ShopTalk Sunday: Saw Service, Mixed Media Projects

First, a big thank you for prayers on behalf of ailing Zeus the Cat.  His appetite is back a bit, and between hand feeding of food, some cat kidney pills plus a gentle application of deworming meds, he’s up and about better than a week ago.

Now into the projects of this holiday screwed-up week…

Laser Lesson 101

We have been using our 12-inch Harbor Freight compound miter saw for probably eight or nine years.  Got it on sale for something like $129 on a coupon deal back when.  (Came without a blade at that price.)

Over time, it has gotten a lot of use because with a 12-inch blade, you can chop through a 4-by-4 in a single pass.

One thing had started to bug me in recent years, though:  The laser saw guide had become nearly invisible over time.

So, with a fresh load of CR2032 and LR44 batteries, I figured I’d be set to go.

Off came the retracting blade cover.  Followed by the (reverse threaded) blade nut.  And now, where is that damn laser to replace the batteries in?

Oh-oh.  MWDRM (Men Who Don’t Read Manuals) disease struck.

After a few minutes on the Harbor Freight manual site, care to guess what I found?

That’s right! No battery.  It’s powered by the saw and not the centrifugal switch and batteries most saw lasers were “back in the day.”

Turns out the laser lives over here:

This was a dandy way to blow 20-minutes down a rat hole.  I should have looked for the laser sight line and not made the “Must be a battery change due” conclusion.

Drill Lasers are Worse

Which is usually the right choice.  The following hour was spent looking at how to clean up (and readjust) the laser guide on the old Craftsman drill press.  Drill press lasers are a particular curse on the butt of humanity: A wander through laser alignment makes it clear why.

  • You begin to line the crosshairs up by chucking up a very small drill bit.
  • Now clamp a piece of scrap on the drill press.
  • Adjust the drill press table height setting so the bit point is 3/4 of an inch from the scrap wood with the press quill all the way up.
  • Now, drill a hole (doesn’t have to be deep, just visible) in the scrap.
  • Raise the drill press bit to the resting (up p0sition).
  • Align the x and y axes of the laser to cross exactly at the dot where the drill hole is.
  • Move your scrap to drill a fresh hole.
  • Turn on laser and mark the crossing with a pencil.
  • Now drill the small hole in the new location.

If the new hole is EXACTLY where the pencil mark is, you’ve earned half a beer, though no drinking around power tools.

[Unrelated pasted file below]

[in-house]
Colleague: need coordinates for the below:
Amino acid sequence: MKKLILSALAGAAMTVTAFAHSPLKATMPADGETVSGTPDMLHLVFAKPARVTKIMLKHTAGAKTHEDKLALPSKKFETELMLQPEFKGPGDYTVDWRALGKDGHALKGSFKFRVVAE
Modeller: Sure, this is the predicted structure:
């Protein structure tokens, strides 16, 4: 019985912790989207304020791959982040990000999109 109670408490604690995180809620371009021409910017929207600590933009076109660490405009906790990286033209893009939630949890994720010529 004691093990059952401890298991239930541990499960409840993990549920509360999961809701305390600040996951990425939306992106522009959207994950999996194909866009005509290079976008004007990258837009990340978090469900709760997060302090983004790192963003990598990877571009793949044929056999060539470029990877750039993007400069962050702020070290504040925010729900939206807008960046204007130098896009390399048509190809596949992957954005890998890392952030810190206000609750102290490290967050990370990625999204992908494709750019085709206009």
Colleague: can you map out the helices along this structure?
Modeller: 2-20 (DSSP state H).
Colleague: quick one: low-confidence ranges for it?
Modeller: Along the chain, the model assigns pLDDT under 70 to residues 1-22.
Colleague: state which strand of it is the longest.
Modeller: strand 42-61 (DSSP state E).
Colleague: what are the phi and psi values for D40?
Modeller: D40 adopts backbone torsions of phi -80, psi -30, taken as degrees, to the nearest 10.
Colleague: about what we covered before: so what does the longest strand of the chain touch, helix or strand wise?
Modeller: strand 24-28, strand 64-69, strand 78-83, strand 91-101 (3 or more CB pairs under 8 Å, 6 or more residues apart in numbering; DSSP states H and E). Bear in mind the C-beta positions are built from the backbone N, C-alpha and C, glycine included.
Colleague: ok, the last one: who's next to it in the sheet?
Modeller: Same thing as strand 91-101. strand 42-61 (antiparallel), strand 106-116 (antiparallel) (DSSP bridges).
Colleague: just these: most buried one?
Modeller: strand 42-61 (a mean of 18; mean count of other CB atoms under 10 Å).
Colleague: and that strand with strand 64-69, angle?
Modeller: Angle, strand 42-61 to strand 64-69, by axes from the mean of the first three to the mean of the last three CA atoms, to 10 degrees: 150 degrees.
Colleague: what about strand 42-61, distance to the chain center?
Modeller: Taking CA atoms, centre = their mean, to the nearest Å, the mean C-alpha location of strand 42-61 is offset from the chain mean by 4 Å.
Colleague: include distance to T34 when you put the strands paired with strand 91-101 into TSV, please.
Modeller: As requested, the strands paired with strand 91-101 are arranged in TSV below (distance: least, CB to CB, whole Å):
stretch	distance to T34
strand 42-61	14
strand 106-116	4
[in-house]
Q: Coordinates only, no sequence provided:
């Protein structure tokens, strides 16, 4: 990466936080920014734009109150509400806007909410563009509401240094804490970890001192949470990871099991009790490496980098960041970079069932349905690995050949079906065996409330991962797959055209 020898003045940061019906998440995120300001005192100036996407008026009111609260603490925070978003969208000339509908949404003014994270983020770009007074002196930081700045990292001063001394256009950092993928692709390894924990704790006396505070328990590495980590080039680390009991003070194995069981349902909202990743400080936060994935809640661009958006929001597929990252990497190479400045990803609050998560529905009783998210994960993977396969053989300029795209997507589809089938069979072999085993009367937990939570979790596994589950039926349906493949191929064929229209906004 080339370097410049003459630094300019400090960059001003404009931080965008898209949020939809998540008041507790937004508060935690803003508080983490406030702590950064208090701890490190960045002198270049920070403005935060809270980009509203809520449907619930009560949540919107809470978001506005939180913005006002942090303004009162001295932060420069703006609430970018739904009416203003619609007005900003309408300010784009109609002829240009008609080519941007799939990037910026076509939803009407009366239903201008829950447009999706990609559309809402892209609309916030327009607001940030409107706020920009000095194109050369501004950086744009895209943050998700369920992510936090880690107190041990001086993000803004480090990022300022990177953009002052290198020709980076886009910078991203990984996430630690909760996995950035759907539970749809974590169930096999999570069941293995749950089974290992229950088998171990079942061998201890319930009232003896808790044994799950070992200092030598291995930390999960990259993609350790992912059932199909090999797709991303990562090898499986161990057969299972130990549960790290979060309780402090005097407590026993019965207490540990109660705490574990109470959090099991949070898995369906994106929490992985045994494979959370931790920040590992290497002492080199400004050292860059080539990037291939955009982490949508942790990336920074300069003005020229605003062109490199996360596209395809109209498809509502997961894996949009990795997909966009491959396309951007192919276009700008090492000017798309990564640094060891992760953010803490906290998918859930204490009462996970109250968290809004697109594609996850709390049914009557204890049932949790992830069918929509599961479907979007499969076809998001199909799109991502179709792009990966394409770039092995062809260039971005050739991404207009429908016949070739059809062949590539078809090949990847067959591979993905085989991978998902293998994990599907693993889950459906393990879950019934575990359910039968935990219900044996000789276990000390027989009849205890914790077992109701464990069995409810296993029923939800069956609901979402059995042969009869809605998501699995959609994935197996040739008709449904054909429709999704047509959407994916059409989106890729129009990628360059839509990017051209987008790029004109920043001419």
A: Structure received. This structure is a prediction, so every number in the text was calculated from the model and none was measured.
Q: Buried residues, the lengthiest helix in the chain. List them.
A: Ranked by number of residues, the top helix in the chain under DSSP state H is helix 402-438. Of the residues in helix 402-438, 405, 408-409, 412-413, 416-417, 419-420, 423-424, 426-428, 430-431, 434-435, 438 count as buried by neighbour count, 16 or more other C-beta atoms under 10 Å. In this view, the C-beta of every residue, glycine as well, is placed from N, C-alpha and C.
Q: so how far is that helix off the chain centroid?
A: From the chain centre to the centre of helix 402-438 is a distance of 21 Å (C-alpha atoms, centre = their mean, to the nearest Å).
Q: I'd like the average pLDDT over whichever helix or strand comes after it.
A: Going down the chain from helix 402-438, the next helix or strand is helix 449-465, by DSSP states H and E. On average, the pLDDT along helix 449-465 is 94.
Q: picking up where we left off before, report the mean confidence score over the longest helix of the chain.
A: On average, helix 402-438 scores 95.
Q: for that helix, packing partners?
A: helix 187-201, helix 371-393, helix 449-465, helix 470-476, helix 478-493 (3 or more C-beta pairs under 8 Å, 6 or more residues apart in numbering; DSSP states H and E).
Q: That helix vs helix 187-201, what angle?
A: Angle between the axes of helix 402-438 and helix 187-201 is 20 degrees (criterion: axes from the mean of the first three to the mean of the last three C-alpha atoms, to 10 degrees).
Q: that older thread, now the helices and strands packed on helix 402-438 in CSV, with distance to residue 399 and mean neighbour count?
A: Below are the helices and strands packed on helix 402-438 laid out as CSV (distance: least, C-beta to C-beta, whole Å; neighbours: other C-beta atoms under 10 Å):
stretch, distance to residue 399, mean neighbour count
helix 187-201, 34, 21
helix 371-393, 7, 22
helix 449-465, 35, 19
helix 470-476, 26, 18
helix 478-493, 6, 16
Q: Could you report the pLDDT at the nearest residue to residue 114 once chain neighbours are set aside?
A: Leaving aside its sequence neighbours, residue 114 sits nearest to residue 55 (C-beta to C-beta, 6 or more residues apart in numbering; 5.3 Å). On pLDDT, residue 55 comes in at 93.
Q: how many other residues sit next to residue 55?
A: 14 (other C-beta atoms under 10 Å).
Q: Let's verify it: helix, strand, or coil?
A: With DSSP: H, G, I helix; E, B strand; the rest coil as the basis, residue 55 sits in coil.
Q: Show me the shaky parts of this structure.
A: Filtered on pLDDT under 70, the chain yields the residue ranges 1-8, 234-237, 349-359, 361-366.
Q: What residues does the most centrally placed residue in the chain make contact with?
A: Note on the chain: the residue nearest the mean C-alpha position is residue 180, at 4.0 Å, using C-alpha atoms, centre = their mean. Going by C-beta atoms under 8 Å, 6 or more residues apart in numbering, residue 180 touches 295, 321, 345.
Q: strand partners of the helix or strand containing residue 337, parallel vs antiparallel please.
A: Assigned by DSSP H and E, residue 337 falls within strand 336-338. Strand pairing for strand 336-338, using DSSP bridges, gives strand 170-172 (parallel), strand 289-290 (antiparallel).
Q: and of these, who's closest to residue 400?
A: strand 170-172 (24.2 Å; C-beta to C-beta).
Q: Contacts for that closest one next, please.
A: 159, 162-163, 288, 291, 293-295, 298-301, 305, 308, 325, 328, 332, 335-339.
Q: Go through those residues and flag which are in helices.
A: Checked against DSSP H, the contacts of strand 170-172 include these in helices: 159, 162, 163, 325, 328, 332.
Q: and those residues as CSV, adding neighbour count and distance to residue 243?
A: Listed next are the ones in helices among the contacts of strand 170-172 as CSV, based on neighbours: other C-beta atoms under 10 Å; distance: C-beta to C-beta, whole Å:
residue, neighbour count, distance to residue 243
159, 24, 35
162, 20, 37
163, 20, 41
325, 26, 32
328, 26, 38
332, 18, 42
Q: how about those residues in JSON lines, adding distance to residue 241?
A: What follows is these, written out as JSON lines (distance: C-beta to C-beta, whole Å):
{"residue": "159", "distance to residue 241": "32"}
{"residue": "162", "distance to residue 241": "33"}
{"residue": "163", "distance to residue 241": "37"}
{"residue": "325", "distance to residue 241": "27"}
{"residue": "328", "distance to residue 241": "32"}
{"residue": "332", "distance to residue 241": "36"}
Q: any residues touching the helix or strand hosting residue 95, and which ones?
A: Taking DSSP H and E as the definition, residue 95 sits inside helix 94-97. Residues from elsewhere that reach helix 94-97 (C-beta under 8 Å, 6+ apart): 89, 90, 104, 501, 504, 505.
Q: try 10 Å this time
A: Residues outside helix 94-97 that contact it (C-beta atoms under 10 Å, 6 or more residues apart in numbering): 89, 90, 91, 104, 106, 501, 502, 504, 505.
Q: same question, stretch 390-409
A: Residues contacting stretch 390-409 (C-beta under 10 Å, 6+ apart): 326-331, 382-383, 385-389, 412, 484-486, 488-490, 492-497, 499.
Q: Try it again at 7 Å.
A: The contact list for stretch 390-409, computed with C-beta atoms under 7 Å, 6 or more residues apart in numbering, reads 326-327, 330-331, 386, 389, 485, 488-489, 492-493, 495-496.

To use the setting, just remember to SET THE WORKPIECE point so it is EXACTLY 3/4 inch down from the sharp part of the drill bit at the top of quill travel.

The “secret sauce” part is?  The laser will ONLY be aligned where the hole will land when drill up to work contact is 0.75 inch.  This assumes you know a piece of scrap “one-by-six” is only 3/4 of an inch thick.  Just use the same spacer when doing (what passes around here as) precision work.

We’ll skip the detailed parallax discussions.

Joys of Yeggi

A number of people have accused me of being a hopeless tool slut (guilty!) because in addition to most of the major metal and woodworking tools, we also have two 3D printers and a few CNC machines in the box.

But there’s a reason why 3D printing is a godsend in the shop.  Look at this picture and see if you remember my telling you about this a long time ago?

That bright green thingy is hot glued into the dust capture area *(just ahead of the dirty laser department).  It nearly encloses the 12″ blade and reduces loose shop sawdust by perhaps 80-90 percent.

I mention this because few people realize that you can go to any of the 3D printing repositories (like, for example) or the Yeggi .stl file search tool.

Give it a try, sometime.  Here’s a link to that pulls up references to Harbor Freight and you’ll see there are enough goodies to keep your printers going with add-ons and improvements for weeks.  More .STLL files than money to buy the dopamine rush with.

Oh, and since we have an aging (non-DRO)  (digital read out, come on, keep up!) HF Milling machine, check out these printables!

Me?  Eccentric?

What’s the deal with having all these tools, George?”

Workflow, my friend.  Workflow.

Go watch this marvelous video about making a solid copper sledge hammer from what is essentially shop leftovers and admirable personal recycling efforts:

What you’ll see is the graceful mix of workflows to collect old copper (and melt it down into ingots) which happened before the video.

Then you’ll see the role of 3D printing using Fusion360 (I’m more a TinkerCad guy, myself) to print up an insert for the casting process.

All rammed up in a wooden flask (cope and drag are the two halves) made of wood, and then finished with a nice assortment of dandy metal cutting and milling skills.  Mighty envious of this dude’s skills.

Toss in an ability to use Fusion360 to hog out circuit boards on a CNC machine, and then throw in “assortments” of electronics components from Amazon and the world is your oyster!

Or, almost.

I’m on a quest now to find the best (simple – where is AI when we need it, right?) PCB layout system for the hobbyist?  I mean Autodesk Eagle used to be OK, but when I went to update, the update site went deaf, dumb, and blind on me.  So trying Altium, but it’s a way too powerful product for what I really need.

I’ll keep an eye on TinkerCAD and see if something for PCB layout (that will output g-code for CNC) pops there…

But as always, the biggest issue in my shop isn’t finding tools or projects, it’s in getting the workflow down to something reasonable.

In the “dream projects” column, just a PCB tool that would export g-code and handle single-sided FRG copper and work up to 100 parts, or so.  That would handle most of my interests.

No soap on the quest for that yet, but let us know if you have ideas.

If you don’t want to add electronics, maybe a simple visit to Melting metal in a home foundry, backyard metalcasting, will serve you well.  I still have a Lionel Labs casting rig ready to set up and use.  Just a matter of when to get to it.  Because that will mean firing up the printers for moldmaking and the metal shop for finishing and buying propane.

There were some OK, but not GREAT prices on home melting equipment for Black Friday on Amazon.  Looking for a complete kit in the 10-12 KG range but I may settle for a 6 KG rig.  Something like this Gongyi USA rig with a $50 off coupon.  Even so, still about $210.  So, why not roll my own on the Lionel platform?

Thing to keep an eye on is the safety gear and the quality of the crucible handling tongs and such.  If you’re going to be a one-man casting operation, safety is everything.  Some kits come with cheap-looking tongs.  Better cowardly than safe.